Genes

ASJC Scopus subject areas

  • Genetics
  • Genetics(clinical)

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Mutation finding in patients with dysferlin deficiency and role of the dysferlin interacting proteins annexin A1 and A2 in muscular dystrophies. / Cagliani, Rachele; Magri, Francesca; Toscano, Antonio; Merlini, Luciano; Fortunato, Francesco; Lamperti, Costanza; Rodolico, Carmelo; Prelle, Alessandro; Sironi, Manuela; Aguennouz, Mohammed; Ciscato, Patrizia; Uncini, Antonino; Moggio, Maurizio; Bresolin, Nereo; Comi, Giacomo P.

In: Human Mutation, Vol. 26, No. 3, 09.2005, p. 283.

Research output: Contribution to journalArticle

Cagliani, Rachele ; Magri, Francesca ; Toscano, Antonio ; Merlini, Luciano ; Fortunato, Francesco ; Lamperti, Costanza ; Rodolico, Carmelo ; Prelle, Alessandro ; Sironi, Manuela ; Aguennouz, Mohammed ; Ciscato, Patrizia ; Uncini, Antonino ; Moggio, Maurizio ; Bresolin, Nereo ; Comi, Giacomo P. / Mutation finding in patients with dysferlin deficiency and role of the dysferlin interacting proteins annexin A1 and A2 in muscular dystrophies. In: Human Mutation. 2005 ; Vol. 26, No. 3. pp. 283.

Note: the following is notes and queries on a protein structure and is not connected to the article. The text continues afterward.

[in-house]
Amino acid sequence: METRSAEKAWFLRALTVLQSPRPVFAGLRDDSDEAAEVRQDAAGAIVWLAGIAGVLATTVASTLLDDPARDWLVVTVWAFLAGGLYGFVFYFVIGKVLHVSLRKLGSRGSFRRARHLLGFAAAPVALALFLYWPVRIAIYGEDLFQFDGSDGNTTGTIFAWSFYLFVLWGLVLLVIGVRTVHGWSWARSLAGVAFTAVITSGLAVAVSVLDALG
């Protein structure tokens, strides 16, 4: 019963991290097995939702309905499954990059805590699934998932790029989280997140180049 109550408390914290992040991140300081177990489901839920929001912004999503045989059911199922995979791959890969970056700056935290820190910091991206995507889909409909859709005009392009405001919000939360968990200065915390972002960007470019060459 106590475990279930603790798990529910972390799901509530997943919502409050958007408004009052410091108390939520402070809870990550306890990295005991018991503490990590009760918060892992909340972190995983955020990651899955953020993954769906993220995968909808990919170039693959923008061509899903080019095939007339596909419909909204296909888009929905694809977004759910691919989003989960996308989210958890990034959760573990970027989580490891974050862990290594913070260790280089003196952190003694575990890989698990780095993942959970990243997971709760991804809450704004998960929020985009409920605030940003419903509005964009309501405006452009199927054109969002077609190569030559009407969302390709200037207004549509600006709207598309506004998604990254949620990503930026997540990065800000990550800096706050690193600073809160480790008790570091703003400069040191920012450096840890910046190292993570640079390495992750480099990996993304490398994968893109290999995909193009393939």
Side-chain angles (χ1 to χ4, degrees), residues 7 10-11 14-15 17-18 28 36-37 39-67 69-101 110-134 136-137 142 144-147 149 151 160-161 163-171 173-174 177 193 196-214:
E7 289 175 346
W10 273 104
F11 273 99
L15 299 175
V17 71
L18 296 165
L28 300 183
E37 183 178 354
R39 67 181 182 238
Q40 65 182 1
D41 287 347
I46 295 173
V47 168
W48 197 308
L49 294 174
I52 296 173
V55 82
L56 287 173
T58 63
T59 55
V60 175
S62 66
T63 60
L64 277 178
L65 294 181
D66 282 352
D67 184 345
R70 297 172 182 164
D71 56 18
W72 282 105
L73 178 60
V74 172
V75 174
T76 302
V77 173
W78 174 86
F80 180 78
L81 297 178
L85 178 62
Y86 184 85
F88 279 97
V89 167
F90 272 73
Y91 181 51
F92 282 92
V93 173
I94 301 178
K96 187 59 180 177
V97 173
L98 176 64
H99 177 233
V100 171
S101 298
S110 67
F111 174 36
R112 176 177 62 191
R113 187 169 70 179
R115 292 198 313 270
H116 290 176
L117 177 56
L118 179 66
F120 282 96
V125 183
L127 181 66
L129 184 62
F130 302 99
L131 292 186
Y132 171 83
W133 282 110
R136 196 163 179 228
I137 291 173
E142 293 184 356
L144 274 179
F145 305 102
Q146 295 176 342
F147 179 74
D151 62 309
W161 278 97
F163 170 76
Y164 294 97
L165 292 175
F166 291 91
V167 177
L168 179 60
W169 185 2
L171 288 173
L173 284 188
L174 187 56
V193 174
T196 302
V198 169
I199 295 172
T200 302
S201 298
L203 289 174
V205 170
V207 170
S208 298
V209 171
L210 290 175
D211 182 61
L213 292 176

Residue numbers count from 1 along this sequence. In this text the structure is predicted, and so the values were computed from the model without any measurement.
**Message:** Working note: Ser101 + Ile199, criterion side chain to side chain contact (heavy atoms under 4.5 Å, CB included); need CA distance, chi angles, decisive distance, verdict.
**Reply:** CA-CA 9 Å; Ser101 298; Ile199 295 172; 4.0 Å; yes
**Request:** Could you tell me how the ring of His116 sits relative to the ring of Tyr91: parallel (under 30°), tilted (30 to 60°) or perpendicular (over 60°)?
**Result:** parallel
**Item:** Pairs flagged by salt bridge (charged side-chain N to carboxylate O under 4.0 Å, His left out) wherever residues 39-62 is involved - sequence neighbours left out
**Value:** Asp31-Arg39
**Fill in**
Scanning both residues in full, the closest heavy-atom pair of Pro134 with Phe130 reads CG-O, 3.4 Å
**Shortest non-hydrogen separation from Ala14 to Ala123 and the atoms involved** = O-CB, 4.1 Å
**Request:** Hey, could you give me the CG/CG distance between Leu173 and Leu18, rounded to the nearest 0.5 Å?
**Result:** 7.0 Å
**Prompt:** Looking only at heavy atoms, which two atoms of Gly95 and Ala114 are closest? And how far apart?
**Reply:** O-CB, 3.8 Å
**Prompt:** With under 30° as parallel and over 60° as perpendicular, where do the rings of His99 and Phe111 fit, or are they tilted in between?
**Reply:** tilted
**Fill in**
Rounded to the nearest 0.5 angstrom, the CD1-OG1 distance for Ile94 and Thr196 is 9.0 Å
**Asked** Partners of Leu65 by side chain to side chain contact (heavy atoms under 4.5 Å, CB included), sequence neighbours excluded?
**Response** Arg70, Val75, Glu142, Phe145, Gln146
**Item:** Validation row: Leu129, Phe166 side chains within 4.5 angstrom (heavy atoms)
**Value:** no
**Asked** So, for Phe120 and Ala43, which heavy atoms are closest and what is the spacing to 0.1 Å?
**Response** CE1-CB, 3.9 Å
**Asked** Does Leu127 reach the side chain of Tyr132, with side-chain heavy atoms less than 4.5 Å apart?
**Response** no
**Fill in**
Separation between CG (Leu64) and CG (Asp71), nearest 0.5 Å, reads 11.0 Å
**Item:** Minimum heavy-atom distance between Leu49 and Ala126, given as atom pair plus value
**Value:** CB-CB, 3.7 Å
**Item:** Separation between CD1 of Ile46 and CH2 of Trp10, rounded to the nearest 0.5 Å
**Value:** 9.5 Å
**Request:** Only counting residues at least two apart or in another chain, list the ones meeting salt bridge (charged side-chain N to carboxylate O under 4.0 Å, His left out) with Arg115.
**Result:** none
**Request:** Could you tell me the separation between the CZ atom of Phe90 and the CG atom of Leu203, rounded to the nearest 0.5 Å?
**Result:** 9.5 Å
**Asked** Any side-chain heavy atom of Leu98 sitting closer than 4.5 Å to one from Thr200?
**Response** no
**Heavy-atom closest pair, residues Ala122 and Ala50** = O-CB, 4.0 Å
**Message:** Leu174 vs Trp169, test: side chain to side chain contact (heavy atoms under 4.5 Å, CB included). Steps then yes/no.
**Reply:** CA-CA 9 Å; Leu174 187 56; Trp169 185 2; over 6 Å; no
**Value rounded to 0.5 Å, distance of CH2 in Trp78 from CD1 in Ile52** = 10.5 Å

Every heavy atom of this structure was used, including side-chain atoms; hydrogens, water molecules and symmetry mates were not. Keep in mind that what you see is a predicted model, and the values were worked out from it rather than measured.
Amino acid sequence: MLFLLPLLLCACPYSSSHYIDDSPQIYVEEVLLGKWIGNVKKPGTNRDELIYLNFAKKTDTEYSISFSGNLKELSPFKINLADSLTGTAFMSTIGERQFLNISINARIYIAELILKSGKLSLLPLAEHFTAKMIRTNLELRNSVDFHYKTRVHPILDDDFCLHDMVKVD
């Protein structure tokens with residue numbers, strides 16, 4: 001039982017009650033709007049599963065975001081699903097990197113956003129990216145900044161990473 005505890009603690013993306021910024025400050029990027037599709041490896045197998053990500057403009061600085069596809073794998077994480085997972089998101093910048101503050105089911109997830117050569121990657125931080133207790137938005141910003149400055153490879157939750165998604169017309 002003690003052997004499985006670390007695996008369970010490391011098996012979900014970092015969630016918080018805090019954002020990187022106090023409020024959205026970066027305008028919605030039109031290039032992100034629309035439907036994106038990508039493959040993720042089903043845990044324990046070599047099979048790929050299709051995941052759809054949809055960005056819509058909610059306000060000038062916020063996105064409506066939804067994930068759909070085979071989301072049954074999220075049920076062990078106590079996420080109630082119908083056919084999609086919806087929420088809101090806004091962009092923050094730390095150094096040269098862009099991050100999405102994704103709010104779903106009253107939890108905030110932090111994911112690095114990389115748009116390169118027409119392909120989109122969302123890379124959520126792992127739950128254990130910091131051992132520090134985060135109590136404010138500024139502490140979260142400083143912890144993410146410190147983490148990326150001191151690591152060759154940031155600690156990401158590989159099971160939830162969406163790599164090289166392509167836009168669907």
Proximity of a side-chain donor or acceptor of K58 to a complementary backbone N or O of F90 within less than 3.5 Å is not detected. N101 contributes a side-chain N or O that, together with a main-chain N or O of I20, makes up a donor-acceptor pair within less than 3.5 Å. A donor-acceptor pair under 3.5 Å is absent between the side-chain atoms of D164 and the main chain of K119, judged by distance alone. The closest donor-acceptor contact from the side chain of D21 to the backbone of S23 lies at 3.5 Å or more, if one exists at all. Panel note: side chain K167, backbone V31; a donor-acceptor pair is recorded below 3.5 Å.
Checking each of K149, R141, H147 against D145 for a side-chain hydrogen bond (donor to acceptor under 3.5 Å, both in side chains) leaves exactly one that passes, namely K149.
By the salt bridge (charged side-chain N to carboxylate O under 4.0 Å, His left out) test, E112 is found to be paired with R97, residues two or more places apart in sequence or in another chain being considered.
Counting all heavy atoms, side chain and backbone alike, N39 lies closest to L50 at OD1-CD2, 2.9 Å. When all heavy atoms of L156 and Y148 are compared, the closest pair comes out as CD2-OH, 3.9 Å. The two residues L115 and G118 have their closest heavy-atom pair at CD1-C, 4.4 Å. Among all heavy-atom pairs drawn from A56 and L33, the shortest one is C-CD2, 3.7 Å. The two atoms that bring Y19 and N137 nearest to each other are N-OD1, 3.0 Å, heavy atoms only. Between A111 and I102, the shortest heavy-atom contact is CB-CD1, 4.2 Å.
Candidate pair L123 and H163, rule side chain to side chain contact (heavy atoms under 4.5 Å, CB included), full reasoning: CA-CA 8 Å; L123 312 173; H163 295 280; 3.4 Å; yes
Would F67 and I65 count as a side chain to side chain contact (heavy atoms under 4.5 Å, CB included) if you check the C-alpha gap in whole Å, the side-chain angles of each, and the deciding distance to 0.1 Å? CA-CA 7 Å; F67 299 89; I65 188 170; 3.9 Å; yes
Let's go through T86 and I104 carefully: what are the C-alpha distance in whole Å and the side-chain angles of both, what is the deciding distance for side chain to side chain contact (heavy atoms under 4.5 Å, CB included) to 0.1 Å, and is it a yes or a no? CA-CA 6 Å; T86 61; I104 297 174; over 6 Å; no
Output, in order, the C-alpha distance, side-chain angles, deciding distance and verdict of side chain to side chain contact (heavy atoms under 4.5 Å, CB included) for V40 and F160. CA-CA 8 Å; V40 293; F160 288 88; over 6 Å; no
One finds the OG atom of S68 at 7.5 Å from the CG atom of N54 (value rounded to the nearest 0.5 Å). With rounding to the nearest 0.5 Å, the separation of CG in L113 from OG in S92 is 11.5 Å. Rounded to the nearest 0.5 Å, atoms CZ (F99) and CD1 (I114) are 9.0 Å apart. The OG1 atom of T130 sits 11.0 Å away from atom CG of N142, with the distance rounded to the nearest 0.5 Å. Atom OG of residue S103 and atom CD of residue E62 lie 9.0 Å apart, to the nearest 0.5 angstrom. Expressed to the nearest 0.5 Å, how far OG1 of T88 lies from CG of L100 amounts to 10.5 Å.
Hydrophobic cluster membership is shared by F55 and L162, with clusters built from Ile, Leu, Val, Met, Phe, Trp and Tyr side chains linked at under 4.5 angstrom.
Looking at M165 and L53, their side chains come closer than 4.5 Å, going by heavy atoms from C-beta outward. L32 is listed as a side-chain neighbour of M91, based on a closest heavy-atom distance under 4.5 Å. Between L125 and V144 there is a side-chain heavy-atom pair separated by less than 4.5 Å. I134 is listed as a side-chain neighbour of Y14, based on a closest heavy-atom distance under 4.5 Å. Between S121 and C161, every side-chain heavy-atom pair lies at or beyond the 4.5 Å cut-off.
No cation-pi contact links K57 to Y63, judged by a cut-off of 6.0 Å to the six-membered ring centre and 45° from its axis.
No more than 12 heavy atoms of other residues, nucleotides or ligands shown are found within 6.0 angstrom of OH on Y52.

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abstract = "Mutations in the DYSF gene underlie two main muscle diseases: Limb Girdle Muscular Dystrophy (LGMD) 2B and Miyoshi myopathy (MM). Dysferlin is involved in muscle membrane-repair and is thought to interact with other dysferlin molecules and annexins A1 and A2 at the sarcolemma. We performed genotype/phenotype correlations in a large cohort of dysferlinopathic patients and explored the possible role of annexins as modifier factors in LGMD-2B and MM. In particular, clinical examination, expression of sarcolemmal proteins and genetic analysis were performed on 27 dysferlinopathic subjects. Expression of A1 and A2 annexins was investigated in LGMD-2B/MM subjects and in patients with other muscle disorders. We identified 24 different DYSF mutations, 10 of them being novel. We observed no clear correlation between mutation type and clinical phenotype, but MM patients were found to display muscle symptoms significantly earlier in life than LGMD subjects. Remarkably, dysferlinopathic patients and subjects suffering from other muscular disorders expressed higher levels of both annexins compared to controls; a significant correlation was observed between annexin expression levels and clinical severity scores. Also, annexin amounts paralleled the degree of muscle histopathologic changes. In conclusion, our data indicate that the pathogenesis of different inherited and acquired muscle disorders involves annexin overexpression, probably because these proteins actively participate in the plasmalemma repair process. The positive correlation between annexin A1 and A2 and clinical severity, as well as muscle histopathology, suggests that their level may be a prognostic indicator of disease.",